Hopi Deer - Sowi-ing Katsina Doll by Jimmy Koots [SOLD]


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James Kootshongsie (1916–1996) Jimmie Koots

Jimmie Kootshongsie photo courtesy of Gregory Schaaf.  Photo reference: Hopi Katsina: 1,600 Artist Biographies by Gregory and Angie Schaaf.It is believed that Katsinas embody the spirits of living things and the spirits of ancestors who have died and become a part of nature. It is believed that Katsinas possess powers over nature. Katsinas are personated by men of the village and, in doing so, they become the supernatural with all the powers associated with the supernatural Katsinas. As supernatural beings, they may cure disease, grow corn, bring clouds and rain and reinforce discipline and order in the pueblo world.

Animal Katsinas, in addition to possessing those functions, have the power to strengthen the chance of abundant animals for hunting season. Hunting animals for the pueblo natives is not a sport but a necessity for provisions for the winter. There are Katsinas representing Deer, Antelope, Rams and other hunt animals. This doll carving represents the Deer Katsina, which is one of the very popular Plaza Dance participants. Usually when he appears, a Wolf or Mountain Lion Katsina, as a side dancer, accompanies him. The Deer Katsina has power over rain, and, when he dances, it is a prayer for increase of deer.

Presumably the first Deer Katsinas were brought from the prehistoric Hopi village of Awatowi, which may be correct as they retain a strong Rio Grande appearance.

The position that this katsina usually assumes, when he dances, is that of bending forward at the waist, as he is depicted in this carving.  The doll stands firmly without use of support.  His antlers were constructed of wire, then wrapped with string.  His elaborate white belt with sash was hand woven from white cotton string.

This carving by Jimmy Koots well illustrates the fine craftsmanship he evidenced over his career.  He was born at Hopi Pueblo on the Third Mesa village of Hotevilla during the period of World War I.  At a very young age, he and many other Hopi children were removed from their homes and taken to government schools where they were to be assimilated into the White man's culture while being stripped of their Hopi beliefs and heritage.  Koots survived the five long years at the Bureau of Indian Affairs School and then returned to his native village.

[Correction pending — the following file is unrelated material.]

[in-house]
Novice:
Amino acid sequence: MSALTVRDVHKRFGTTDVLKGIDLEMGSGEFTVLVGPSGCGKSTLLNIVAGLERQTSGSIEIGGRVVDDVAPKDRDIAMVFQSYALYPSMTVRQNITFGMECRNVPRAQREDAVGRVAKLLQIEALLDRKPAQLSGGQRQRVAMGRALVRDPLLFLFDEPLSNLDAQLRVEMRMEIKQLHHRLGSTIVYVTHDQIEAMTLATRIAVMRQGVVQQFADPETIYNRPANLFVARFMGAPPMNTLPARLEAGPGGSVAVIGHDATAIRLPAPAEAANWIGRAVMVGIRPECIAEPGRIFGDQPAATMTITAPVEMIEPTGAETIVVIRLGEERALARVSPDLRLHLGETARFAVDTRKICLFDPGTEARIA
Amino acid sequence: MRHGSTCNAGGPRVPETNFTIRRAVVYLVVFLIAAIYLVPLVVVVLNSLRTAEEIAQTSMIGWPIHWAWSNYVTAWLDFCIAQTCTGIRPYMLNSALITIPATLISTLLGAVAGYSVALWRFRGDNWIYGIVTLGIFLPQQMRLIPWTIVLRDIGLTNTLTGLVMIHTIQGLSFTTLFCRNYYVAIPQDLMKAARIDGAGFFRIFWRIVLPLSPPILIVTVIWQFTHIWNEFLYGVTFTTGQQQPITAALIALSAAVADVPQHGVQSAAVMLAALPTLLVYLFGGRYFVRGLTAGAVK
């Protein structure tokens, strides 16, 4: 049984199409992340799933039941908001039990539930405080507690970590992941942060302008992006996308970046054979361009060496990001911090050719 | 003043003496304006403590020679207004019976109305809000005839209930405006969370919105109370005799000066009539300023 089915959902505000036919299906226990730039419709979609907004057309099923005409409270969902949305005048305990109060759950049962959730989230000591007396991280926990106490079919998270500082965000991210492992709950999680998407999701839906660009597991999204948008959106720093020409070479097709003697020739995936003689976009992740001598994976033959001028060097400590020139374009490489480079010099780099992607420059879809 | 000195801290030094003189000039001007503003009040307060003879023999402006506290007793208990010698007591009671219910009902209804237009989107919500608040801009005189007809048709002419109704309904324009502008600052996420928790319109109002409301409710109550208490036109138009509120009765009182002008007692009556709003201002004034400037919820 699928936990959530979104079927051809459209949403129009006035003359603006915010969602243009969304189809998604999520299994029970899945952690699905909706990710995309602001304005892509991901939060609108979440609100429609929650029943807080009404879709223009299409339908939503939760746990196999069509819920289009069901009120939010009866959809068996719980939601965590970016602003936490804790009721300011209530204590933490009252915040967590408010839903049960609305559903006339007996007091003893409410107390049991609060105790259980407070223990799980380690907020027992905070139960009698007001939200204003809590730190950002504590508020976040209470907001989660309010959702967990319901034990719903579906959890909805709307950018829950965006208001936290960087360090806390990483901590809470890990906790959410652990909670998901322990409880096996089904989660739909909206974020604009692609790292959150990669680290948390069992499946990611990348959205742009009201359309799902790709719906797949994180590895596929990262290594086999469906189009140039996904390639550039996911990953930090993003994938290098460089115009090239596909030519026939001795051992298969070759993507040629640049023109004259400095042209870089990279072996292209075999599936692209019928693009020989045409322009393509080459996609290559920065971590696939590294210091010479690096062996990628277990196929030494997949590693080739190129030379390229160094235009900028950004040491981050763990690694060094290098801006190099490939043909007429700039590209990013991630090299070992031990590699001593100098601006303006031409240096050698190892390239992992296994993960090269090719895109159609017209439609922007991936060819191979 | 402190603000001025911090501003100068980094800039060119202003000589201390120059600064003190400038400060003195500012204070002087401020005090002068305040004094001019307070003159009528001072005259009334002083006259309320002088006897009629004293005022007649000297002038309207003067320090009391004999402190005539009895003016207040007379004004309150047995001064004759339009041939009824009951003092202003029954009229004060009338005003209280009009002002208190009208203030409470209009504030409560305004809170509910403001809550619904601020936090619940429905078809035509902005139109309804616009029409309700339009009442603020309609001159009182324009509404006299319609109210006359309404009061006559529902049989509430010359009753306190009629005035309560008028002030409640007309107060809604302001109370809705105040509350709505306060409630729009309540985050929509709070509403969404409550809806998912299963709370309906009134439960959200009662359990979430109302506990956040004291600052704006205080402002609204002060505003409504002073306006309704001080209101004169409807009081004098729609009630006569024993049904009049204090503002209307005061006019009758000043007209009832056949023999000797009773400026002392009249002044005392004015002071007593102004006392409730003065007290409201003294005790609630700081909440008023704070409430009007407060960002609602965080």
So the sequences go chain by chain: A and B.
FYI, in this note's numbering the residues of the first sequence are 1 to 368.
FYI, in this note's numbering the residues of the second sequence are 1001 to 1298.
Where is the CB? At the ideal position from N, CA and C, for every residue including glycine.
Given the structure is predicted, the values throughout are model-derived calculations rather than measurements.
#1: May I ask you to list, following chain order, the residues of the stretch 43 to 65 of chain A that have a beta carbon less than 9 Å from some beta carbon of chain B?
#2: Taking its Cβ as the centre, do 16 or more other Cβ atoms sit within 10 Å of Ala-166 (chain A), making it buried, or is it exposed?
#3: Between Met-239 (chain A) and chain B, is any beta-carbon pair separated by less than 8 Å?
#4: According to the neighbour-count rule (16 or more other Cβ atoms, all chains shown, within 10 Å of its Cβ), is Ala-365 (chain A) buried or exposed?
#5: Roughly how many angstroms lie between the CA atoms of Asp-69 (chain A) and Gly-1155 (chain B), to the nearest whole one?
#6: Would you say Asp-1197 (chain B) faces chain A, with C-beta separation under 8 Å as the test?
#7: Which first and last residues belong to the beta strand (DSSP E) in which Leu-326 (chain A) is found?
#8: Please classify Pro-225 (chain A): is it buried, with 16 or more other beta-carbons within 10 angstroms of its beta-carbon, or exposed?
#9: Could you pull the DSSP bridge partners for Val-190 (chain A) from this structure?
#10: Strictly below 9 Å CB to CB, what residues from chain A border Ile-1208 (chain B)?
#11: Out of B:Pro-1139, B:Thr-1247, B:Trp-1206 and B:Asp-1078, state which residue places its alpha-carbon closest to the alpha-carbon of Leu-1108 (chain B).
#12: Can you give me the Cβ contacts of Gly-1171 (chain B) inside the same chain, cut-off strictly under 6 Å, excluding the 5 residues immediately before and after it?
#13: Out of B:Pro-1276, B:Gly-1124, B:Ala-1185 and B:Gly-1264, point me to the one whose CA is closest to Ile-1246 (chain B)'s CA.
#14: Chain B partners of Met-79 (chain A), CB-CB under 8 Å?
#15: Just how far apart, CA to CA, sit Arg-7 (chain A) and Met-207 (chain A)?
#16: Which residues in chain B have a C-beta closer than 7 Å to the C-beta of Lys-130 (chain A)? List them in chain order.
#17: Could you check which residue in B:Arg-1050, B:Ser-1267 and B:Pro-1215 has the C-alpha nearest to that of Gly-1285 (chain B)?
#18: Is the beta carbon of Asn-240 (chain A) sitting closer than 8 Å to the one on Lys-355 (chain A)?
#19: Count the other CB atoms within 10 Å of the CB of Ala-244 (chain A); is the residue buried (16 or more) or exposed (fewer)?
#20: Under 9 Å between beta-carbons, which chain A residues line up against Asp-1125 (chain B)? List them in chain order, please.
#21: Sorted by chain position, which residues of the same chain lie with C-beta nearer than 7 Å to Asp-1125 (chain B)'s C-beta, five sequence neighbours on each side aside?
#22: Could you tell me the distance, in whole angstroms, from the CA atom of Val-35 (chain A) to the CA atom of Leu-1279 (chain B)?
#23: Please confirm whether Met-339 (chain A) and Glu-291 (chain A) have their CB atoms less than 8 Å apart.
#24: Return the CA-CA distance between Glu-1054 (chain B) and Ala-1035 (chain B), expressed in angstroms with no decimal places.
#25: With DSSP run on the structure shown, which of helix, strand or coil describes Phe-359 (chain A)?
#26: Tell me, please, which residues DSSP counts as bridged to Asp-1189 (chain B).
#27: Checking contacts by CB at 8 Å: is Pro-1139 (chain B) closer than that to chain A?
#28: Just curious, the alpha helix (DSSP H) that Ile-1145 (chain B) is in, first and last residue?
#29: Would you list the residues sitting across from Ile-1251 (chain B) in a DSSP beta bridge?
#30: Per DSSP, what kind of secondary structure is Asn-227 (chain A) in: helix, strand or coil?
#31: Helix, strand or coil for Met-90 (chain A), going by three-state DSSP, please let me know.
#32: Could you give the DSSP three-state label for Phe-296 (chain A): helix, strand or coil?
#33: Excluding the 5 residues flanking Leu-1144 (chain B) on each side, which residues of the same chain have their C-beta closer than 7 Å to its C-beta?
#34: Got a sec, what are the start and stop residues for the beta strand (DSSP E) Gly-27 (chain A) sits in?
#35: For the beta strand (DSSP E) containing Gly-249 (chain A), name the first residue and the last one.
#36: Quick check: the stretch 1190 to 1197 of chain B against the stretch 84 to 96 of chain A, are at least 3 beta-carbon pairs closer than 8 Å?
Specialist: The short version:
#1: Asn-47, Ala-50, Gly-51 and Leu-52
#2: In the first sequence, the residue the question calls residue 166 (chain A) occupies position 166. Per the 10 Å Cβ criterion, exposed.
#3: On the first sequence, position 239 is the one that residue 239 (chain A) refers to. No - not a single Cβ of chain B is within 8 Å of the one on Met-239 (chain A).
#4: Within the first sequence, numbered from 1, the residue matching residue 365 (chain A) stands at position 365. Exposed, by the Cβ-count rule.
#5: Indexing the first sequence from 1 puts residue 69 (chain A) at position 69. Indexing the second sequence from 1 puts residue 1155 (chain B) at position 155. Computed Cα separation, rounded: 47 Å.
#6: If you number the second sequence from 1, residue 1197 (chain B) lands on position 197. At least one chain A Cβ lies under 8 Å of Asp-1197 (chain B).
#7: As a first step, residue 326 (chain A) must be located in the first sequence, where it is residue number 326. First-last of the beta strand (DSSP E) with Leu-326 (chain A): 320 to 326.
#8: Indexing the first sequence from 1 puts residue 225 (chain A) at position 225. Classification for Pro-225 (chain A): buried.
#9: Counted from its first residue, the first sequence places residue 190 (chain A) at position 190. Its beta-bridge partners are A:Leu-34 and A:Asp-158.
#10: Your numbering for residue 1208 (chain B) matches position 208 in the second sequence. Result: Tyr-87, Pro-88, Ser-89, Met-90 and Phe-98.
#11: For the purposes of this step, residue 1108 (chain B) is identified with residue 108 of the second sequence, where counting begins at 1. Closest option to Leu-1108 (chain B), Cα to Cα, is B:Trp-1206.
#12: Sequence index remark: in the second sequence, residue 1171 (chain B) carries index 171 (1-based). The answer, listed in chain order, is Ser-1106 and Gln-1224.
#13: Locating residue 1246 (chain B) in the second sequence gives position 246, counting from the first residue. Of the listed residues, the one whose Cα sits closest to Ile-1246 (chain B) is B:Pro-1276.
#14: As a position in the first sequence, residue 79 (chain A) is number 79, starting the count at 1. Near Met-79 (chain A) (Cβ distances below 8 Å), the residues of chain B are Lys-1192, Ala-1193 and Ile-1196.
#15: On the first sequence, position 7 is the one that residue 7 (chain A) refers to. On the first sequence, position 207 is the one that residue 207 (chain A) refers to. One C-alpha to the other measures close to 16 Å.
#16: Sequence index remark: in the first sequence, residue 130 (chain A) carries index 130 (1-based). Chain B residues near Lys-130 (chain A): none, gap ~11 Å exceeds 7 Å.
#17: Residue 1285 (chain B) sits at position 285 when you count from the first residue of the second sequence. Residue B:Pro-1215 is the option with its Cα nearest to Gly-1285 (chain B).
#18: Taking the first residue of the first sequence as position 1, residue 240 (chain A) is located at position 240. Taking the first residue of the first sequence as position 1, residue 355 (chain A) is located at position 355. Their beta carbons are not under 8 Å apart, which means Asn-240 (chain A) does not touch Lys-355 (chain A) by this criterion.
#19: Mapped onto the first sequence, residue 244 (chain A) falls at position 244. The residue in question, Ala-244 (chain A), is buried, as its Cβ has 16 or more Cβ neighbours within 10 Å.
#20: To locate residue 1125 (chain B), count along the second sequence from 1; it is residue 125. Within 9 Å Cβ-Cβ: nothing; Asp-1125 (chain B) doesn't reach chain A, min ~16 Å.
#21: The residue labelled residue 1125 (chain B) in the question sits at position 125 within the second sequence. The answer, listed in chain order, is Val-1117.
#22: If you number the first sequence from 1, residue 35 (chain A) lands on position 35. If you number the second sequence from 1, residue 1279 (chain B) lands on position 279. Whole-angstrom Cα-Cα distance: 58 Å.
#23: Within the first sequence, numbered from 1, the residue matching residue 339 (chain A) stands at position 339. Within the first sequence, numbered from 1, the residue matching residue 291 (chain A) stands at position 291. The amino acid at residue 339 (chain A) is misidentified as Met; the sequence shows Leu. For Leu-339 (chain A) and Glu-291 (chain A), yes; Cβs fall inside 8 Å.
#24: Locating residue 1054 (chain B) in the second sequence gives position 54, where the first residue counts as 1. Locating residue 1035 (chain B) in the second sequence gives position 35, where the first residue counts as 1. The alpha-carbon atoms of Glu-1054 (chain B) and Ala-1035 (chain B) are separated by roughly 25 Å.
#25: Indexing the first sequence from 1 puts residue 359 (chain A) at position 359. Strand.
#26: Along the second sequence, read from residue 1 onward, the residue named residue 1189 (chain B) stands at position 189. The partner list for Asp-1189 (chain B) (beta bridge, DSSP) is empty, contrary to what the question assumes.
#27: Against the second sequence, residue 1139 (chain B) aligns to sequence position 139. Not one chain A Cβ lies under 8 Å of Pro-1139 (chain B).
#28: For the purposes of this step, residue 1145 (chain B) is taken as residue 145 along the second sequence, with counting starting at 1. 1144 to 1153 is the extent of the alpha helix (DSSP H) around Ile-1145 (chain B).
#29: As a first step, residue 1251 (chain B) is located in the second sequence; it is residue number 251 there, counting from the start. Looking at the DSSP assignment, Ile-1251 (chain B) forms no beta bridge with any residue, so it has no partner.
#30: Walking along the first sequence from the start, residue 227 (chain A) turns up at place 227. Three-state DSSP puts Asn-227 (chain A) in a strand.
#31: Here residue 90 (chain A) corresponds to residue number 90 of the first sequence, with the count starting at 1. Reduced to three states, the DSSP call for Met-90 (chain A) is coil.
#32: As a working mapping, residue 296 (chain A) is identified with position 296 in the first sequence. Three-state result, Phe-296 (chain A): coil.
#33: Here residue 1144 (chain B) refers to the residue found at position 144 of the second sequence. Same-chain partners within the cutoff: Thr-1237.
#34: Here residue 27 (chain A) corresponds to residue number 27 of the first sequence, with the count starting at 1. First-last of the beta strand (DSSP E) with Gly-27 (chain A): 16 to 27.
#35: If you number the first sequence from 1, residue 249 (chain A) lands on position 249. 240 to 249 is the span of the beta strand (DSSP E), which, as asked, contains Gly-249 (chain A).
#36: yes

At age 22, Koots was again taken away from his native village and sent off to the Pacific to fight in World War II.  Following this war, he once again returned to the village of Hotevilla.  It was then that he discovered that the big oil companies and the government were colluding to remove the Hopi from their reservation because of the wealth of mineral resources—coal, gas, oil and Uranium.  He became an activist against strip mining and the big corporations.  Because of his and many other's efforts the Hopi retained their native land.

Jimmy Koots was among a group of Hopi who revived the ancient art of traditional Hopi Katsina carvings.  He was immensely popular in the 1960s and 1970s as a katsina doll carver.  His dolls were mostly sold in Santa Fe at a downtown shop called Rare Things by Dutton, a business that is now closed but was very active in the 1960s-1980s.  His carvings, although not signed, are so distinctive in appearance that they can be easily identified as his work.  This carving, as usual, is not signed with the name of the carver but it is without question the work of Jimmy Koots and was probably carved in the 1960s.

Condition: this Hopi Deer - Sowi-ing Katsina Doll by Jimmy Koots is in very good condition.  No evidence of repairs.

Provenance: from a Santa Fe resident

Recommended Reading: Fewkes, J. W. Tusayan Katcinas. Washington, D. C. Bureau of American Ethnology, 15th Annual Report, 1897.

Jimmie Kootshongsie photo courtesy of Gregory Schaaf.

Photo reference: Hopi Katsina: 1,600 Artist Biographies by Gregory and Angie Schaaf.

Close up view of this Deer Kachina Doll.